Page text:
Before buying have read reviews. There are 49 out of 86 five star ones. So opted to buy to get a chance to touch the work of a genius. It never happened though. The book begins with text references to Fig. 1, Fig 2, Fig. 3, etc. No such diagrams.....Nada, just empty spaces... As a matter of fact, not a single drawing in the book! I mean, the book is reprinted with NO crucial accompanying the text drawings. Probably, the latter were in a separate file which they didn't copyright to make it cheaper, anyway it rendered the book useless. I would've sentenced the editor to a jail time.
Ah...here it is: Publisher: General Books LLC (August 19, 2009) ISBN-10: 0217982360 ISBN-13: 978-0217982368
"We recreated the book from the original using Optical Character Recognition to keep the cost of the book as low as possible. Therefore could you please forgive...etc. "
What they're apologizing here for is that they have committed a fraud. And "Look Inside" browser feacher shows you another book edition!
In hindsight, I suspect most 5-4 star reviews are fictitious...OR... they combined all reviews from different publications into one file. Buyer be aware!
Joseph Zacharow.
Update: Yep, Amazon throws DIFFERENT reviews of the same book under DIFFERENT publications (Einstein, Relativity), and DIFFERENT publications of DIFFERENT books of the SAME author (Albert Einstein, Relativity - The Special and The General Theory) in ONE big deceitful pile.
Thank you Amazon!
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129 of 133 people found the following review helpful By Reinaldo Olivares on March 9, 2000
Format: Hardcover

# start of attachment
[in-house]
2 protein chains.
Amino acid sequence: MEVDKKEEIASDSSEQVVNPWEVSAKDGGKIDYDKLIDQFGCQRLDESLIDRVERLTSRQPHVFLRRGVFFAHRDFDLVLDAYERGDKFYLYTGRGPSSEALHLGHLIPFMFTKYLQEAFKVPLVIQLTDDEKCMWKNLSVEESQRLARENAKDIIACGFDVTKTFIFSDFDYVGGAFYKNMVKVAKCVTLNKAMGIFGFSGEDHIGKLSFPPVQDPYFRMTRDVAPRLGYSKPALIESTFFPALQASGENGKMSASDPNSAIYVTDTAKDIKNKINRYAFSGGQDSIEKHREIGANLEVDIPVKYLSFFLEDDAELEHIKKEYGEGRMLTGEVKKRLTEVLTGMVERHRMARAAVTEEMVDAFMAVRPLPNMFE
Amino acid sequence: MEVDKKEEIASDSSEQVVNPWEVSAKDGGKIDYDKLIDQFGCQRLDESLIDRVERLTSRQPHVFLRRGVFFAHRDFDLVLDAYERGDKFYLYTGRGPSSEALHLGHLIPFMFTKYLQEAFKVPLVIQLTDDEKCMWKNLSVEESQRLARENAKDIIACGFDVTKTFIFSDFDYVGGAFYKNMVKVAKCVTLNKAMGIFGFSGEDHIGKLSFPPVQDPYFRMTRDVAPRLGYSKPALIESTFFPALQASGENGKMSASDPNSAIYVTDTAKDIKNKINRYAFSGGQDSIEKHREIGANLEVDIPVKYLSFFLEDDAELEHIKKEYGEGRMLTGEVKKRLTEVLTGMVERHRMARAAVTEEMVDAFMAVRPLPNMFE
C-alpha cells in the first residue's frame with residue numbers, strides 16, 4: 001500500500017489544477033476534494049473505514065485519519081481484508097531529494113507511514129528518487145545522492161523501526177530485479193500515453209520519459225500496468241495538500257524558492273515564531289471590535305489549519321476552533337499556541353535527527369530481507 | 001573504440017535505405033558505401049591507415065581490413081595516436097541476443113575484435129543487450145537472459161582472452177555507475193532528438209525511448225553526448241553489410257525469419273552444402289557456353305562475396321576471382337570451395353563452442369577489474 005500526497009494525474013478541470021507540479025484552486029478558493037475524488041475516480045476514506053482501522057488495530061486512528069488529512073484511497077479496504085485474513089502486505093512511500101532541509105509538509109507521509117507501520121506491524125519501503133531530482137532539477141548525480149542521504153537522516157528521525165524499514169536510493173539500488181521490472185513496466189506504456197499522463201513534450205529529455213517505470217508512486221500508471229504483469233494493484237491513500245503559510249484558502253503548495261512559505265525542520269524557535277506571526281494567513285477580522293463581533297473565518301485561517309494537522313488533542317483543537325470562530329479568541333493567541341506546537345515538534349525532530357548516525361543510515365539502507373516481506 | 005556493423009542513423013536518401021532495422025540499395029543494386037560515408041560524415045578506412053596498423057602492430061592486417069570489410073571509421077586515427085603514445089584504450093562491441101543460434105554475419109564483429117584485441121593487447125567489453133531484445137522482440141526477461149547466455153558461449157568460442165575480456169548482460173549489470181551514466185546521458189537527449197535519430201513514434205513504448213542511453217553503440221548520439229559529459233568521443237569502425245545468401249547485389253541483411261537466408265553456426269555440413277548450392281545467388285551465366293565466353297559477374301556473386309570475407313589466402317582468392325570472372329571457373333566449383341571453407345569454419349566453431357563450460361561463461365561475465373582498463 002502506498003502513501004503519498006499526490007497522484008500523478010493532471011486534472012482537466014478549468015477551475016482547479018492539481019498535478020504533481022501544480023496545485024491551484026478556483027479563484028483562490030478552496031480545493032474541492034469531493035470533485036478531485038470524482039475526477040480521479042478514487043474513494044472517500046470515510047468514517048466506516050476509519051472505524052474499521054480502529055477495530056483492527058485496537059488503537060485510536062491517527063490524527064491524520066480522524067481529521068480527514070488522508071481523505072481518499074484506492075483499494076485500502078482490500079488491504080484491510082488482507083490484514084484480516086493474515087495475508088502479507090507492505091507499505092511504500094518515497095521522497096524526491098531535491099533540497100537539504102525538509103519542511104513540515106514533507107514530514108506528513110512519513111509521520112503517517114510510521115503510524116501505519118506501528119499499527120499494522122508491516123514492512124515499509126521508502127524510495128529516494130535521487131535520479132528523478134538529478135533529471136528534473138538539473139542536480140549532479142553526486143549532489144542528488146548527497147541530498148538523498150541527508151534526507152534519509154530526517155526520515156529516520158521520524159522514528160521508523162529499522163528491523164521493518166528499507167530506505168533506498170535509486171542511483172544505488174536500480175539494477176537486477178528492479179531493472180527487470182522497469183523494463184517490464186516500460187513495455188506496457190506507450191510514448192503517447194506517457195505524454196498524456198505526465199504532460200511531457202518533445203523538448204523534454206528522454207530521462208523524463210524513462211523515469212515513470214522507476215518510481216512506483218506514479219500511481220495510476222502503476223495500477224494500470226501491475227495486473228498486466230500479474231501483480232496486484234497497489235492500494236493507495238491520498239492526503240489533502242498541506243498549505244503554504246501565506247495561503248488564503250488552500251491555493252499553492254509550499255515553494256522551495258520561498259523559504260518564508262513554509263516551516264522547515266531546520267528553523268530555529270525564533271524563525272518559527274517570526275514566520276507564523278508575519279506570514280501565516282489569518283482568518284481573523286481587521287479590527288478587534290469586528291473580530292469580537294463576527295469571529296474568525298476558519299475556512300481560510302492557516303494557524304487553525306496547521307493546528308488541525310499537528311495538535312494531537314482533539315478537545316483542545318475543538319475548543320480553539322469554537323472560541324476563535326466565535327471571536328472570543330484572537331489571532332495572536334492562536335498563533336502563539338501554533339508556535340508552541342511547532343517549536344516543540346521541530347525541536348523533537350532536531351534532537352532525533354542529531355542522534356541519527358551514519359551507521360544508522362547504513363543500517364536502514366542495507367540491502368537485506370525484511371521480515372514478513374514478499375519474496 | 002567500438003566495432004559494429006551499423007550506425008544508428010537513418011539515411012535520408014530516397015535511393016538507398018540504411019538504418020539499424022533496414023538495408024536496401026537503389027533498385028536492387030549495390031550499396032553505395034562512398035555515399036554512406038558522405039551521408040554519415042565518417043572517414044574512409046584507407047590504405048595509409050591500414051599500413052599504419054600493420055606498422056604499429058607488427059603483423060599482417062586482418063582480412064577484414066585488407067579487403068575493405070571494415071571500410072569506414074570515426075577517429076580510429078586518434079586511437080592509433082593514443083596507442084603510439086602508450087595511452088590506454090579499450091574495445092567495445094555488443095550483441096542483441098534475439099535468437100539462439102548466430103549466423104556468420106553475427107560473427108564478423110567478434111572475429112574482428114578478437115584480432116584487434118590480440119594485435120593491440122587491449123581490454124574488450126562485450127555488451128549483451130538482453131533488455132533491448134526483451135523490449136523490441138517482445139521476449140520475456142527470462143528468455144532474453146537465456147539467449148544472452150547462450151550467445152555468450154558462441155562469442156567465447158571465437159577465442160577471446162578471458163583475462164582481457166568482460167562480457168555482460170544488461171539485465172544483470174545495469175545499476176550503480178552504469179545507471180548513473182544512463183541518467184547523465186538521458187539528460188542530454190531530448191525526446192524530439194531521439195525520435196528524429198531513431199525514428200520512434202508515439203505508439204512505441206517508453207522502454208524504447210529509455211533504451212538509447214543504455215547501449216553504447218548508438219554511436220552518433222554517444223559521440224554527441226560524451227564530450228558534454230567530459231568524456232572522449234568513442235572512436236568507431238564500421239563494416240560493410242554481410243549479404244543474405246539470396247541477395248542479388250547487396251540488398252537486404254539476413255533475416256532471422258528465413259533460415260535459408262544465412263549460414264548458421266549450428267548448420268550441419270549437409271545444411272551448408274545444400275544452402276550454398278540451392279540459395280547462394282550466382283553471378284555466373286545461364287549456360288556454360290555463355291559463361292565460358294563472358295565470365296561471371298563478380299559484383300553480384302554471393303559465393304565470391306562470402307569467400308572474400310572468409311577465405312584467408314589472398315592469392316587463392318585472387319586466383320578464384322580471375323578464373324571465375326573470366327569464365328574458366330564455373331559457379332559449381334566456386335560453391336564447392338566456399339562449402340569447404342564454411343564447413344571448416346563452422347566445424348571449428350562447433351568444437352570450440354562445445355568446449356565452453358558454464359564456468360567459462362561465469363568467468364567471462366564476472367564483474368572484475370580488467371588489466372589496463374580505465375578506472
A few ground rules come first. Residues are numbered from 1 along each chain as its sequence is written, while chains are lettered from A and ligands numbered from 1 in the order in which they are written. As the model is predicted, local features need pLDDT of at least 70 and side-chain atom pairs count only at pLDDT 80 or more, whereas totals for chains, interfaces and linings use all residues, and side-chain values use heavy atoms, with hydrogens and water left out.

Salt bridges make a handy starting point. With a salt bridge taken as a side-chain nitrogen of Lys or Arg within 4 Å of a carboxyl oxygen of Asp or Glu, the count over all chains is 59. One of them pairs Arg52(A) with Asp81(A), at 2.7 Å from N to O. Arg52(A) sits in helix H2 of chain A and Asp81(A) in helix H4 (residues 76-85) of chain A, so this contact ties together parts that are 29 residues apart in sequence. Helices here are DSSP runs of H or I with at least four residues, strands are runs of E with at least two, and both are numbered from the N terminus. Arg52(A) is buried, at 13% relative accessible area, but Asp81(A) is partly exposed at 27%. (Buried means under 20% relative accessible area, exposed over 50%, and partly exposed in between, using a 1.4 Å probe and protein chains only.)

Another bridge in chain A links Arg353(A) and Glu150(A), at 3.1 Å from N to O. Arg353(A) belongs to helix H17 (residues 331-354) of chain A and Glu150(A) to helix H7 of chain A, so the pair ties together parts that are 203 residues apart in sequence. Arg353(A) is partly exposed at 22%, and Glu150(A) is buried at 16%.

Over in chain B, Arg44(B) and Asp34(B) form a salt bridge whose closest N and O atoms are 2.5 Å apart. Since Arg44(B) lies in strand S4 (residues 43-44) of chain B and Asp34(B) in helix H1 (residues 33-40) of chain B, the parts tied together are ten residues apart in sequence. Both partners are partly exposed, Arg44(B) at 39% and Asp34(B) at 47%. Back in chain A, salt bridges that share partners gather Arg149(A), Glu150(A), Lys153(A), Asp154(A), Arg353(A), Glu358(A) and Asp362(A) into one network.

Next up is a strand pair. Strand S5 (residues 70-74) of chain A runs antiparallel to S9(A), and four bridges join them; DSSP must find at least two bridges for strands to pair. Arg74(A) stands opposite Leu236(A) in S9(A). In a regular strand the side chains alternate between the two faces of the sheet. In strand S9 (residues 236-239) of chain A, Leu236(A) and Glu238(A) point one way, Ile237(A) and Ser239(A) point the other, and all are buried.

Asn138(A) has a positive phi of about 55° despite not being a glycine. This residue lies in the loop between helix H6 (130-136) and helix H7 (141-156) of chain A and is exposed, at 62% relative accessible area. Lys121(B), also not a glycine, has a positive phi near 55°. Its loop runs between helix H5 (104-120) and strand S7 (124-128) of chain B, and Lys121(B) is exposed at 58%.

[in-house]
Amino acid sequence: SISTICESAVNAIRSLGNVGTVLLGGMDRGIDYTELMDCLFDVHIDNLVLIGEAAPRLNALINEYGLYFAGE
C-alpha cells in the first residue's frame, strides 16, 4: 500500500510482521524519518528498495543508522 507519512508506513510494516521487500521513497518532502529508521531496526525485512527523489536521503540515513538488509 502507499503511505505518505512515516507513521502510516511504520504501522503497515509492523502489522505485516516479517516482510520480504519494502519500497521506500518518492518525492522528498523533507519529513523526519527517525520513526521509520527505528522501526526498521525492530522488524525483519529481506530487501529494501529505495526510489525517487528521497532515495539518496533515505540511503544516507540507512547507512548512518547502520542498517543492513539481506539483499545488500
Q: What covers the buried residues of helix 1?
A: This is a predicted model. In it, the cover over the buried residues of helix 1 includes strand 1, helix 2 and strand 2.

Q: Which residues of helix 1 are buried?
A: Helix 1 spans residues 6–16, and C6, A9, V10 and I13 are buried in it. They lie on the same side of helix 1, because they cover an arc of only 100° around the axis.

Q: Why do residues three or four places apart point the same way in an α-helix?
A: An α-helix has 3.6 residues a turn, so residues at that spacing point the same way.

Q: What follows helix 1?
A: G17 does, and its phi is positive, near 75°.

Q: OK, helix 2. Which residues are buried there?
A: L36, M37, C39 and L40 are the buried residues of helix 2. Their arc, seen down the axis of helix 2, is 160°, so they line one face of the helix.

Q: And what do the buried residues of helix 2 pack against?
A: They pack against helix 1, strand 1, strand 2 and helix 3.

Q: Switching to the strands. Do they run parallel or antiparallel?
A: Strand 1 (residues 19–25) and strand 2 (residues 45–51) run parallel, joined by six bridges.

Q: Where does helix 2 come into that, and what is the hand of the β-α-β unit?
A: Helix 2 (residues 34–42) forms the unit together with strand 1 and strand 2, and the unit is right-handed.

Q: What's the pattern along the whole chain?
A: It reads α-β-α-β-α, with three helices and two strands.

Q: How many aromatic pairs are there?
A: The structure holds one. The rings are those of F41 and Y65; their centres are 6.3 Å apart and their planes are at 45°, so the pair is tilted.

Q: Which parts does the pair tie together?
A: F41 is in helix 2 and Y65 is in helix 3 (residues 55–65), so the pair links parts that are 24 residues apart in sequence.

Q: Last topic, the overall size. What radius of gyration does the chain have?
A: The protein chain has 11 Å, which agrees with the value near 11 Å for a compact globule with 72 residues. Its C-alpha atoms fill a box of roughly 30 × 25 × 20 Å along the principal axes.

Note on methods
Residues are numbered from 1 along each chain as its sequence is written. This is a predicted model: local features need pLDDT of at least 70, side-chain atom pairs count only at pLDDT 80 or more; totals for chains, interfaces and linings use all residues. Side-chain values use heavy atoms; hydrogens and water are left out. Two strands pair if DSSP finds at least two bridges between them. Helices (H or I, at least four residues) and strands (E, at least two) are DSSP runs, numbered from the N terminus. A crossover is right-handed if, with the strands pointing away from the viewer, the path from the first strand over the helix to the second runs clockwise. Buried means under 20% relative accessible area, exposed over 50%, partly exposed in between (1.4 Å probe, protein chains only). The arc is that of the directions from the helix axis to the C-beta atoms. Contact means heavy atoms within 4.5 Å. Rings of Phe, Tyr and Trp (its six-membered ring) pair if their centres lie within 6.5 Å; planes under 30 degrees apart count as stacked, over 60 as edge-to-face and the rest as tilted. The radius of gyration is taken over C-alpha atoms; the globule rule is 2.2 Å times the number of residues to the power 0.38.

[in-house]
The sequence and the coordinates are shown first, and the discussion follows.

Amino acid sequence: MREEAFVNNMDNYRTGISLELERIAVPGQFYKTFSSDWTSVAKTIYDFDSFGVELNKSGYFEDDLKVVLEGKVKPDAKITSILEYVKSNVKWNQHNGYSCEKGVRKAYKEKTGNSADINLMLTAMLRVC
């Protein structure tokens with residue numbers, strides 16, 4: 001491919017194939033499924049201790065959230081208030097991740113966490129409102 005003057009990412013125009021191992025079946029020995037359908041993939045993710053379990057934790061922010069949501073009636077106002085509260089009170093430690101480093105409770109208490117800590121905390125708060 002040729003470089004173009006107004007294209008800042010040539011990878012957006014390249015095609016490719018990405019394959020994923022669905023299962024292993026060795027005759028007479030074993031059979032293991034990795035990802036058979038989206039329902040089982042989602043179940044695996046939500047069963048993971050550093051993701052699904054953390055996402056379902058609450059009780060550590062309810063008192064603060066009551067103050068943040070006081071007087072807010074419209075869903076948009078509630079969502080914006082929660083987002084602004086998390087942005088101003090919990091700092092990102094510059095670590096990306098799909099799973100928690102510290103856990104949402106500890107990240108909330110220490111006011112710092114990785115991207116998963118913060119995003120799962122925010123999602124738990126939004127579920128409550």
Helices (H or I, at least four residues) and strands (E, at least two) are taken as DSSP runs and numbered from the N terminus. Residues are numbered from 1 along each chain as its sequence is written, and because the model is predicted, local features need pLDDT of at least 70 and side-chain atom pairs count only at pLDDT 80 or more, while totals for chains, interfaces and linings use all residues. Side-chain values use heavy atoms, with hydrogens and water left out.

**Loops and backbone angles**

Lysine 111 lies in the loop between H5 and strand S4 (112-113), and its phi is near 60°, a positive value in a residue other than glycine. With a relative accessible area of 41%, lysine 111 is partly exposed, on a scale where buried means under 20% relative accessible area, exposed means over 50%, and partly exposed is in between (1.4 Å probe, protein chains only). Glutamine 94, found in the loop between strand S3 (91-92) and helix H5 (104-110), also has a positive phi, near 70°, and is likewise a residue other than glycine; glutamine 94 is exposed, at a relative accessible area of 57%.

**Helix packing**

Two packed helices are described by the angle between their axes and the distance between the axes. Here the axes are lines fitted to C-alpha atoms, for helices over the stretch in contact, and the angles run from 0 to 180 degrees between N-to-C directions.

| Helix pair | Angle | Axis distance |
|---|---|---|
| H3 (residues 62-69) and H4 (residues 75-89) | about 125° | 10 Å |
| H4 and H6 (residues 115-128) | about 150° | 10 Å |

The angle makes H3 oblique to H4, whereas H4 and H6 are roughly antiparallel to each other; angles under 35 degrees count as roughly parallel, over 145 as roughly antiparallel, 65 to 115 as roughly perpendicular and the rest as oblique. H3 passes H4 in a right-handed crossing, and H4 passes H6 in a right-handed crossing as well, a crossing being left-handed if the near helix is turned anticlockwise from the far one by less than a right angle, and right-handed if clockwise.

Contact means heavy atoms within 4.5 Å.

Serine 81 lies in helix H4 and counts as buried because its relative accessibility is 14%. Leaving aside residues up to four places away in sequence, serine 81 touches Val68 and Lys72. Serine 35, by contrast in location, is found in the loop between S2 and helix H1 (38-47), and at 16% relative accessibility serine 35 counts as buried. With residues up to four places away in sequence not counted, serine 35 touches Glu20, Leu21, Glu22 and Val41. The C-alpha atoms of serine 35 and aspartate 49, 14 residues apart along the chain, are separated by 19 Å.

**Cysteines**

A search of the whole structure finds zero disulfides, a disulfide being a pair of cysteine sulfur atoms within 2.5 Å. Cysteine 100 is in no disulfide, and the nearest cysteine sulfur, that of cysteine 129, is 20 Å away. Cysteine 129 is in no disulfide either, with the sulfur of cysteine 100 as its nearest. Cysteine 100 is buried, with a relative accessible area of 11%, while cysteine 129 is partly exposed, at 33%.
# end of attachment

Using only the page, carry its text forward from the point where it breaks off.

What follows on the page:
There is no doubt that Albert Einstein has been one of the most brilliant minds of the past century. His major contribution to science was the special and the general theory of relativity, which gave a new dimension to that we call today "Modern Physics". Many people feel frustrated because when they try to understand relativity, they find some authors that expound in their books a complex arrangement of equations referring to the mathematical part of the theory, namely, the books are accessible for people with certain levels of knowledge (that is the case of engineers, physicists, mathematicians, among others). Nevertheless, perceiving and anticipating this situation, Albert Einstein wrote this book (more than fifty years ago) whit the purpose of exposing the special and the general theory of relativity in such a way that anyone can understand it. I this sense, I think, Einstein succeeded because despite the shortness of the book, the same covers the most important aspects of relativity in a clear and concise form. Moreover, the book has appendixes where the author makes reference to some interesting subjects like the problem of space and relativity, the experimental confirmation of the theory, to name a few. If you have decided to learn something about relativity, and you do not have vast knowledge in physics and mathematics, I sincerely recommend you this book. On the other hand, if you were a reader looking for more technical information (mathematical foundation of general relativity), I would choose the book "Gravitation" written by Misner, Wheeler y Thorne. This text represents an encyclopedia about general relativity.